Recently a user in the Associate-O-Matic forum asked about the caching system in AOM and how it worked. It seemed like a good subject to cover in more detail, so let me expand here on my original reply.
The purpose of the cache system is to reduce the number of calls made by AOM to the servers at Amazon. By caching, or storing pages on the server your store is located on, it can pull that data up faster than reaching out to Amazon for it. And by putting in fewer requests, it can help your site with usage restrictions imposed by Amazon. The tradeoff is that the more caching you do, the more storage space is required. So it’s a case of speed vs. space.
Pages are cached for the number of hours determined by the Cache Lifetime setting. The default is 24 (hours), which corresponds to Amazon’s pricing rule (pricing must be updated at least every 24 hours). After that, the page is expired, and a new version is pulled when/if someone tries to access that page again. The new version is then cached for however many hours the Cache Lifetime is set for.
Once the page is expired, the Cache Cleanup setting determines the odds of that page being deleted from the cache. So “20” would mean odds of 1 in 20 of any particular expired page being removed at any given time. The lower the number (say 1 in 10) the more aggressive the cleanup is, at the cost of site performance. As the number is raised (1 in 30, etc.) the better the performance, but more disk space is used to store the larger cache.
It’s important to understand that there are two separate things going on:
– When a page is requested from Amazon, it’s cached for whatever the lifetime setting is (say 24 hours). Within that time, if it’s requested again, the cache copy is used. Either way, eventually the page expires. If it’s requested after expiring, a new copy is pulled from Amazon. If it’s not requested again, it’s simply expired. And once a page expires, it won’t be used again. It just takes up storage space until it’s cleared out.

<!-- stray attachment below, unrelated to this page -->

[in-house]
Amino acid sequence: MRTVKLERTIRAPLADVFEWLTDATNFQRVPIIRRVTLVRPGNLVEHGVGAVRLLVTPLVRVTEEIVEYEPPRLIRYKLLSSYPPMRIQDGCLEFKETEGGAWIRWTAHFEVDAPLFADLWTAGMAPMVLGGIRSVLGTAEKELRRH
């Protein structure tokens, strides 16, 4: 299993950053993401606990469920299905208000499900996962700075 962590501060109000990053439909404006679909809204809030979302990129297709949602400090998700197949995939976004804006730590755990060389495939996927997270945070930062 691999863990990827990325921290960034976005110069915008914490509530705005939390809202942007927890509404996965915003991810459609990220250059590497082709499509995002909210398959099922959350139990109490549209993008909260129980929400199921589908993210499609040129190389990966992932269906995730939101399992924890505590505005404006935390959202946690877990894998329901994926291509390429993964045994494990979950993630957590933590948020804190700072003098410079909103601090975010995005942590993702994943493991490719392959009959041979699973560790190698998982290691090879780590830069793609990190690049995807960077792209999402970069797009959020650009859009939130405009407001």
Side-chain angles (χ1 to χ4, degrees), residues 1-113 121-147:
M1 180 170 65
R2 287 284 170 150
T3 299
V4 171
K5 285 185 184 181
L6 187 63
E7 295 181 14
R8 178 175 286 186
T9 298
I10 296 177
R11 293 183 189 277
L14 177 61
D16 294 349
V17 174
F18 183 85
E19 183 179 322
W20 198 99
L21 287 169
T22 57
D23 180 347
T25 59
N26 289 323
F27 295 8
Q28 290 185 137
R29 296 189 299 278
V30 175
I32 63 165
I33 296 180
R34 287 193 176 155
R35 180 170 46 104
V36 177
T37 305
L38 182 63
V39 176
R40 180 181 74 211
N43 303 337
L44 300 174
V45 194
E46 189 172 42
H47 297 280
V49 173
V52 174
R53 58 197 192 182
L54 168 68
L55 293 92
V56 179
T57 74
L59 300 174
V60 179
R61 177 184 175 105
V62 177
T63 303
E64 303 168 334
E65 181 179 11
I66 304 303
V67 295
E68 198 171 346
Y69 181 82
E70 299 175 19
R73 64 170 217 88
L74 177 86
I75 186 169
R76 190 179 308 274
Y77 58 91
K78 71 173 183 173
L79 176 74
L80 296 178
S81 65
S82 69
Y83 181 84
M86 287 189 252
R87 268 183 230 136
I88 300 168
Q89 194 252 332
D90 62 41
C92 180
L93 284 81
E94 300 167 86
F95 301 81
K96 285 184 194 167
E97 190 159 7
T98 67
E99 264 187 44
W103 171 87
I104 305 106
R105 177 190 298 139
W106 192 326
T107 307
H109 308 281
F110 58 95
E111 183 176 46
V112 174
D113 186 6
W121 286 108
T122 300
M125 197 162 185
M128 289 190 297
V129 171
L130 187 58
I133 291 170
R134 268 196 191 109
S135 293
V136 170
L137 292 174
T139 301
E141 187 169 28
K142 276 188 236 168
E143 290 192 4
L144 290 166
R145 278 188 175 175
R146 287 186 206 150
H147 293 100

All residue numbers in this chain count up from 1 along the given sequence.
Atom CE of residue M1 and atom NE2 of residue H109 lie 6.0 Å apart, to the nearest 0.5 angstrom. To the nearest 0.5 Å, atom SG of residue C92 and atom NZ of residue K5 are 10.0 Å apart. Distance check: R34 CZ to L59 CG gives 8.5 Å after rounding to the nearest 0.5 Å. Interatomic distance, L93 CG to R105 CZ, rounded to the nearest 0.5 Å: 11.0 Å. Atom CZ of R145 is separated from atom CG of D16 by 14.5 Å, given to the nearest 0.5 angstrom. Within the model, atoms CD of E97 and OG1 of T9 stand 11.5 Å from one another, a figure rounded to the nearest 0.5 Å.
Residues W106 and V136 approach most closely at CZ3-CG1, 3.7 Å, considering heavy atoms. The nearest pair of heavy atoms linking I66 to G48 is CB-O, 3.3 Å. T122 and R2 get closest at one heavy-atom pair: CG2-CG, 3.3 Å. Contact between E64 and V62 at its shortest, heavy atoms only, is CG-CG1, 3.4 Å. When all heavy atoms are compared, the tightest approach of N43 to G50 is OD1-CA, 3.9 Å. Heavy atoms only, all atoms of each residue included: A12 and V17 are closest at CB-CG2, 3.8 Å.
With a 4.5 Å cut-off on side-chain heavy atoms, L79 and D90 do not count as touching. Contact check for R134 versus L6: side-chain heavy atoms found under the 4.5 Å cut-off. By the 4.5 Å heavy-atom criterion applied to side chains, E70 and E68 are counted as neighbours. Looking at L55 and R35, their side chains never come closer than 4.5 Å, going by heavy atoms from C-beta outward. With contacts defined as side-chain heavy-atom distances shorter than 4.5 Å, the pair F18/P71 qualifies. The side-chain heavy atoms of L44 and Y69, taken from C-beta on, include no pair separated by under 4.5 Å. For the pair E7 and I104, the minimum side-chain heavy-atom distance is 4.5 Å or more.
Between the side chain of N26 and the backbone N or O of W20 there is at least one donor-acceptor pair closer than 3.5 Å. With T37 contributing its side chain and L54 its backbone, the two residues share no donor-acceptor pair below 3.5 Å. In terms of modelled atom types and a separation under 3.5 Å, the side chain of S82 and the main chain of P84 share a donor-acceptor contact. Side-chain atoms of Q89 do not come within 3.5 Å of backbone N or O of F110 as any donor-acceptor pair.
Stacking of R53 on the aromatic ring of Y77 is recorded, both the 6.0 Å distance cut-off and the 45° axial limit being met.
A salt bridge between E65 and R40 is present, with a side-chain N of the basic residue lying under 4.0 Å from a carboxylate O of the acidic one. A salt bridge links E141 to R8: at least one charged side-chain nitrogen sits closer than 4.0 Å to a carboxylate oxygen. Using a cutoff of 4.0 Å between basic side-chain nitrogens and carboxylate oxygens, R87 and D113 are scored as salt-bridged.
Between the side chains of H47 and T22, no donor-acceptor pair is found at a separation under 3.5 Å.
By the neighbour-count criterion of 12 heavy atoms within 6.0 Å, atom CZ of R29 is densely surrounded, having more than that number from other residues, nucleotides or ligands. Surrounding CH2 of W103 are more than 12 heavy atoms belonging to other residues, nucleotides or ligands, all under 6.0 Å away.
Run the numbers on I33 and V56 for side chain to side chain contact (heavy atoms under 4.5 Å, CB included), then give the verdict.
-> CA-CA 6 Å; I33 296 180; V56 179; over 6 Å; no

– Every page has a one in whatever chance of being removed after expiring. It has nothing to do with how many times the page is requested. The cleanup function only deals with expired pages, which by their nature cannot be requested. Requesting an expired page will result in the same action as a page that’s never been requested – it will be pulled from Amazon.
The Cache Cleanup doesn’t run every time so as to not impact performance. But it will clear out your cache whenever you open your control panel and click on any Save button. In the bottom left corner you’ll see information on how many pages are cached and how much space is taken up by it.
The AOM download page includes an extras file you can get that contains an aom_cachecleaner.php file. This is a separate program that can be run as a cron job to manage your cache files without affecting your store operation. Instructions are included, but it’s a good idea to have some knowledge of how to operate cron files.
The three remaining options on the Cache tab allow you to control whether or not caching will be allowed for the header and footer, as well as the RSS feed. Caching the feed is a bit of a no-brainer, but there may be instances where shutting it off is advisable (such as severe storage space situations). Otherwise you’d almost certainly opt to leave it on. So let’s discuss the header & footer issues in slightly more depth.
Most of the time, you would leave these on as well, since there’s no good reason not to. But in some cases, a site might use a custom header and/or footer file that accesses external data in real time. A ticker that displays the results of sporting matches, for example. Or a live webcam, twitter feed, etc. In these situations, caching would not be advisable, since the information in the header or footer would only update when the cache was refreshed, possibly once a day. But turning caching off for the store might also pose a problem.
In such cases, turning off the caching just for the custom header and/or footer files would allow them to update when needed, and enable the store’s product data to be cached. The only downside is that information that would normally be passed to these files, such as the current page title or meta info would not be updated. This would be more of a concern with a header file than a footer file, so it might be advisable to put a twitter feed, etc. in the footer rather than in the header. But it’s worth mentioning again that these are very special cases; under normal circumstances, you would just leave the caching turned on.
Hopefully this sheds a little light on the caching system. Unless you have specific reasons to do so, leaving the default settings in place is probably the best option overall.